They joined GEnie and began swapping files via email. Wilson gave up his beloved WordStar for WordPerfect for DOS to be compatible with Matt, but no biggy. Email provided a quantum leap in their writing process. By the end of the summer they delivered a future scenario detailing the sociopolitical economic technological status of the planet Earth and near space for the year 2142, including biographies of all world leaders and entertainment personalities, long and short story arcs, one shots, and even commercials. They'd laid out the arcs in narrative form and in a flow sheet that showed what was happening when and where throughout the first year on a month by month and week by week basis. USA Network was, quite frankly, blown away by their "bible." They offered the guys a retainer to stay on board.< Faster Than Light Newsfeed was born.
The Sci-Fi channel handed the bible to a screenwriter named Russ Firestone, who scripted 30-second and later 60-second spots that would play one per day multiple times, five days a week, with all five repeating on weekends. Every so often he'd call them to provide fillers for the feeds.
On Sept. 24, 1992, an FTL Newsfeed--their scenario, their characters, their format--launched the Sci-Fi Channel. Wilson and Costello watched from the launch party at Madison Square Garden.
In 1994 the network asked Wilson and Costello to take over the scripting duties for a fee they couldn't refuse. The deliverables were 65 one-minute scripts in two-column A-V format every 13 weeks--the equivalent of four hours and 20 minutes of script every year. Now they really needed that email.
They pretty much did whatever they wanted with the spots, and maybe drifted a little far out on occasion--like bringing in Professor Irwin Corey to explain the physics behind a new faster-than-light drive, not just once, but twice, because the press didn't understand him the first time. When one of the USA execs--none of whom seemed to know anything about SF--would ask, "Um, is this really science fiction?" Wilson and Costello would assure him that it was. After all, they were SF writers and who should know better?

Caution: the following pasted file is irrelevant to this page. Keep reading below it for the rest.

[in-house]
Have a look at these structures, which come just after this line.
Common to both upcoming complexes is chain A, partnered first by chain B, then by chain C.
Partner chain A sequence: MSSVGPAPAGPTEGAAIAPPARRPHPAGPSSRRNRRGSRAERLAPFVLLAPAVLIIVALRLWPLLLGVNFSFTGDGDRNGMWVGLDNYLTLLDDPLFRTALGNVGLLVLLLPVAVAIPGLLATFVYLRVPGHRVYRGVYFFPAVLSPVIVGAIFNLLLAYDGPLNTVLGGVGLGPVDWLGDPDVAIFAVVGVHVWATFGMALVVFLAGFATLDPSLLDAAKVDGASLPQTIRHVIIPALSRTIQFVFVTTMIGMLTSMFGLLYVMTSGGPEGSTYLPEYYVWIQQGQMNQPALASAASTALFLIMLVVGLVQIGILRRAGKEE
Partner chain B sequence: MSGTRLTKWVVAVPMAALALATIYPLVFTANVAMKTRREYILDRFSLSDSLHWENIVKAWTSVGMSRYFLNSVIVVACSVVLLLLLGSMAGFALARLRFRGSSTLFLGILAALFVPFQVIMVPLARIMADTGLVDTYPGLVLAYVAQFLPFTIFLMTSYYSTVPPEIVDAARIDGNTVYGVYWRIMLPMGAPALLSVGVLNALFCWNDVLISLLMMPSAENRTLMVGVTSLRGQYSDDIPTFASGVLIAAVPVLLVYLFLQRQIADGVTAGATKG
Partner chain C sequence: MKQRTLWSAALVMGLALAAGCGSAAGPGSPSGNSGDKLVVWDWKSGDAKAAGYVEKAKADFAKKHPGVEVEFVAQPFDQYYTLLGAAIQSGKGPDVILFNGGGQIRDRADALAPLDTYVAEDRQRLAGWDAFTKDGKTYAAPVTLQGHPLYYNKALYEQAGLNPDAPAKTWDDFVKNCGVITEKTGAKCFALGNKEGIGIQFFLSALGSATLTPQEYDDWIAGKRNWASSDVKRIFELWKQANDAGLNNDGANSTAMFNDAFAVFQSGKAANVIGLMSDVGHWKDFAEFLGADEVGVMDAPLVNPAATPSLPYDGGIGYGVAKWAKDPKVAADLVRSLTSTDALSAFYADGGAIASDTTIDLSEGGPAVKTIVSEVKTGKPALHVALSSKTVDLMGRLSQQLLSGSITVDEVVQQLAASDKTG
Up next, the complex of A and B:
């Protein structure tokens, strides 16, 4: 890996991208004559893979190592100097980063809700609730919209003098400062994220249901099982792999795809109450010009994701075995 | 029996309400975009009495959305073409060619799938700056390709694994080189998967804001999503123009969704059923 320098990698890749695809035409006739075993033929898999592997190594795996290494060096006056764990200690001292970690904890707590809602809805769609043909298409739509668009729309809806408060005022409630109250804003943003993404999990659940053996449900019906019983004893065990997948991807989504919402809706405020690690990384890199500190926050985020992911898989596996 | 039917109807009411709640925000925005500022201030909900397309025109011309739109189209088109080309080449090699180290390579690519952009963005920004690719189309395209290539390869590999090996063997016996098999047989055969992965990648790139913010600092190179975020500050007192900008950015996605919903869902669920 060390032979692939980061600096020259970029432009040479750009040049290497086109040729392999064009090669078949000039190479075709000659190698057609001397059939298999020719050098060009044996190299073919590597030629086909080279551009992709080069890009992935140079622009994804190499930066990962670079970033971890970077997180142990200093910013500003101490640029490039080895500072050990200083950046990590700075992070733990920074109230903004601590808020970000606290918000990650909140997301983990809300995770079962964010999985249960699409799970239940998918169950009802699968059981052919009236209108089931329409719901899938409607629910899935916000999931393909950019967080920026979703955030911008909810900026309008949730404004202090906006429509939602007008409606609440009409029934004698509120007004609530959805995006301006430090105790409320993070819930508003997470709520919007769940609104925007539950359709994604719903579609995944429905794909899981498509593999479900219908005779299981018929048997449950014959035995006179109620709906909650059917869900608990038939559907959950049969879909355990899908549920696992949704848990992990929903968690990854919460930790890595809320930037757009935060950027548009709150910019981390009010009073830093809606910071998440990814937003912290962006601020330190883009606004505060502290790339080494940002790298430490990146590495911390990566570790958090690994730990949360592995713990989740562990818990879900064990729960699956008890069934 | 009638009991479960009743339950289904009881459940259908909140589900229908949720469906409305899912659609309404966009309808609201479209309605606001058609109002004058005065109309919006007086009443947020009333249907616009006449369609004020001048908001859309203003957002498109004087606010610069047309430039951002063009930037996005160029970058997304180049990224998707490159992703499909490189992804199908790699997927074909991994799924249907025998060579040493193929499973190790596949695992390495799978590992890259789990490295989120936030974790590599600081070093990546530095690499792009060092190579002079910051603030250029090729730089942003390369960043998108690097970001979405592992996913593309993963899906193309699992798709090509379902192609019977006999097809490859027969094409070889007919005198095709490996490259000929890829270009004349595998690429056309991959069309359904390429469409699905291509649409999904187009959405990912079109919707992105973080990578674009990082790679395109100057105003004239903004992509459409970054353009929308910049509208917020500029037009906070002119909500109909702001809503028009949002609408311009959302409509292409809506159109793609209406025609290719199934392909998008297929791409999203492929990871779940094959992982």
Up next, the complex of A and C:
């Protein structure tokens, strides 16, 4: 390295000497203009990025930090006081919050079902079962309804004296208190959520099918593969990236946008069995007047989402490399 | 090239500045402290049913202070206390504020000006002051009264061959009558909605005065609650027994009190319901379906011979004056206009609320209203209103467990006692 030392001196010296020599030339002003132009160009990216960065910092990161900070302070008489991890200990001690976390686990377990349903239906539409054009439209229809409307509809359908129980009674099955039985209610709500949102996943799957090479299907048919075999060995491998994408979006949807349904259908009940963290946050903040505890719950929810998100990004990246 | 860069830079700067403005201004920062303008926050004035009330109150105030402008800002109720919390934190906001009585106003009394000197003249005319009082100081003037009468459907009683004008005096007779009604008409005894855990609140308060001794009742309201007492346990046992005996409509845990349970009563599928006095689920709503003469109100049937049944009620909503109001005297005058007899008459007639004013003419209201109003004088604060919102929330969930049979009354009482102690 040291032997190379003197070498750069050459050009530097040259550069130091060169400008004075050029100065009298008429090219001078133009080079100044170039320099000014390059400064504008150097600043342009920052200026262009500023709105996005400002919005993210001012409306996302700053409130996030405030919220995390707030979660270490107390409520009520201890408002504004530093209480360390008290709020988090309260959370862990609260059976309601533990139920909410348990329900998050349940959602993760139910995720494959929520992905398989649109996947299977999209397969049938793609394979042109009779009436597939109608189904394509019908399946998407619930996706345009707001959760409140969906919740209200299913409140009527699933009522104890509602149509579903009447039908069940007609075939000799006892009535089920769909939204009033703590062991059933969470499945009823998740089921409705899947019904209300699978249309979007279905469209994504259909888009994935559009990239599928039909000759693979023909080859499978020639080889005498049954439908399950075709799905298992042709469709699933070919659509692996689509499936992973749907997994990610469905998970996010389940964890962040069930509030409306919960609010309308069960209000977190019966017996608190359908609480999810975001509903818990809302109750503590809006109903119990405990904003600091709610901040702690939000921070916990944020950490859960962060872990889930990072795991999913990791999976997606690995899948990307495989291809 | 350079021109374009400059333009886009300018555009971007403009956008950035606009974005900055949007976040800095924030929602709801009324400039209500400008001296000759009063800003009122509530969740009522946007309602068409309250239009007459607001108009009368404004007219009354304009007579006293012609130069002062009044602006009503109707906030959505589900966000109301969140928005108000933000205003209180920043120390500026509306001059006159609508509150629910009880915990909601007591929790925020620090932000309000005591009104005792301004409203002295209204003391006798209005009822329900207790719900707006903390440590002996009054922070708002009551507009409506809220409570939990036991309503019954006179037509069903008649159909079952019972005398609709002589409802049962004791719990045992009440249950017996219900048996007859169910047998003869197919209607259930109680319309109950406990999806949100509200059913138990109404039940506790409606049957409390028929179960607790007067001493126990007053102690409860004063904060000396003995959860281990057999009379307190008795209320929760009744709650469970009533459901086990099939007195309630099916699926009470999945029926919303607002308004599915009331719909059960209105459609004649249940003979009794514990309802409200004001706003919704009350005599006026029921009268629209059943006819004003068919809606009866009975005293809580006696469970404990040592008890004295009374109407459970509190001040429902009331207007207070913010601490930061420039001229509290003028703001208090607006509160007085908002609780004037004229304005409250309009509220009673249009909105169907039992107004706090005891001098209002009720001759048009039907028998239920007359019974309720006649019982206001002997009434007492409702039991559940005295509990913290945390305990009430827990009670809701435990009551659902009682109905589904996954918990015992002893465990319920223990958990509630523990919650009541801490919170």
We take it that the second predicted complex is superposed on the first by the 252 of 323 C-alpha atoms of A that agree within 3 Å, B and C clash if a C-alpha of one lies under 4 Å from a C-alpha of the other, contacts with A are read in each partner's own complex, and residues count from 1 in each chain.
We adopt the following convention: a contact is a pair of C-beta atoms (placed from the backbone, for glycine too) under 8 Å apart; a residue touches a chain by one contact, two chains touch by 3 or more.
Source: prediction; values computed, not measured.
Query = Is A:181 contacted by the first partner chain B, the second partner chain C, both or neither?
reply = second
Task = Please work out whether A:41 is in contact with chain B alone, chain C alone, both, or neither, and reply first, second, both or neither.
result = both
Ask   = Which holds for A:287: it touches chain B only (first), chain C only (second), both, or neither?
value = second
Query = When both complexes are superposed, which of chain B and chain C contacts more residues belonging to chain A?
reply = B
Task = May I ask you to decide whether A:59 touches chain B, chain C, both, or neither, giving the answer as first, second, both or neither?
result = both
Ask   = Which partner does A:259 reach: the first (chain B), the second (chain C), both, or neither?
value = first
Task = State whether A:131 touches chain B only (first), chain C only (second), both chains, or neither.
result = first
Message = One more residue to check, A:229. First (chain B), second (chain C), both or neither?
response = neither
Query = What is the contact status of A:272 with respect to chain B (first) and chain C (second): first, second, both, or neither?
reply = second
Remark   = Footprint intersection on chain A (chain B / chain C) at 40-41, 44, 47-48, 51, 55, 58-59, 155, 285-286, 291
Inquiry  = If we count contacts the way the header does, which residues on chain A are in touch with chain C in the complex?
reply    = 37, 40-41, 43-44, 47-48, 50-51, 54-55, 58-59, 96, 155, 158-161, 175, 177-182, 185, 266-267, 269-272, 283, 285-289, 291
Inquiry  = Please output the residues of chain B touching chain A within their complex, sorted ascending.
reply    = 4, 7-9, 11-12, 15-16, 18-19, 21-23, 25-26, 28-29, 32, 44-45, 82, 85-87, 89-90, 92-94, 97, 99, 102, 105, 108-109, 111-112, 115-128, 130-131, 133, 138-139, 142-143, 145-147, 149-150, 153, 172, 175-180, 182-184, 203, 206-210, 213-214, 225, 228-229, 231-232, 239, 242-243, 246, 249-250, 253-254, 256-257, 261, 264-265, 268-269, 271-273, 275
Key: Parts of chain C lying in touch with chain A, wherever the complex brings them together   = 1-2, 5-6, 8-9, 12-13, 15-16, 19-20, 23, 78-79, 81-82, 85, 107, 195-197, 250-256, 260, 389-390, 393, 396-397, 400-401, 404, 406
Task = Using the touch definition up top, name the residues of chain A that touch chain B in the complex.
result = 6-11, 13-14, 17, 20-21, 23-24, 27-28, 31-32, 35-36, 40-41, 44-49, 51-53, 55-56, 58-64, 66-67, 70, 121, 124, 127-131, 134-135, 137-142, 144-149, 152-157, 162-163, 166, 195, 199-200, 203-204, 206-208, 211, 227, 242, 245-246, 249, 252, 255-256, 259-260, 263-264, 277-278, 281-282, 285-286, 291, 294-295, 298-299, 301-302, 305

With the success of the Costello-scripted interactive CD-ROM "The 7th Guest"--it went on to sell over two million copies and now there's even a version for iPhone and iPad--Matt began receiving more interactive offers than he could handle. He asked Wilson to help him out and they formed a partnership. Lots more email collaboration and thousands of air miles produced much vaporware but did lead to Disney's "Math Quest with Aladdin." They also collaborated on two novels, Mirage and Masque (the latter available now as an ebook under its original title, DNA Wars).
When the interactive market imploded along with the dot-com bubble, freelance script-and-design work dried up and Wilson and Costello drifted off to solo projects. Wilson shared credit with Steven Spruill on a thriller called Nightkill in 1997 but stayed solo thereafter.
Until now. He's into new collaborative projects, and man, have things changed.
Next time: Cyber-collaboration: Now.
Repairman Jack is the alter ego of F. PAUL WILSON, an award-winning New York Times bestselling author of more than 40 novels and many more short stories. His work, spanning horror, adventure, medical thrillers, science fiction, young adult, and virtually everything between, has been translated into 24 languages. Currently he is best known as creator of the urban mercenary Repairman Jack.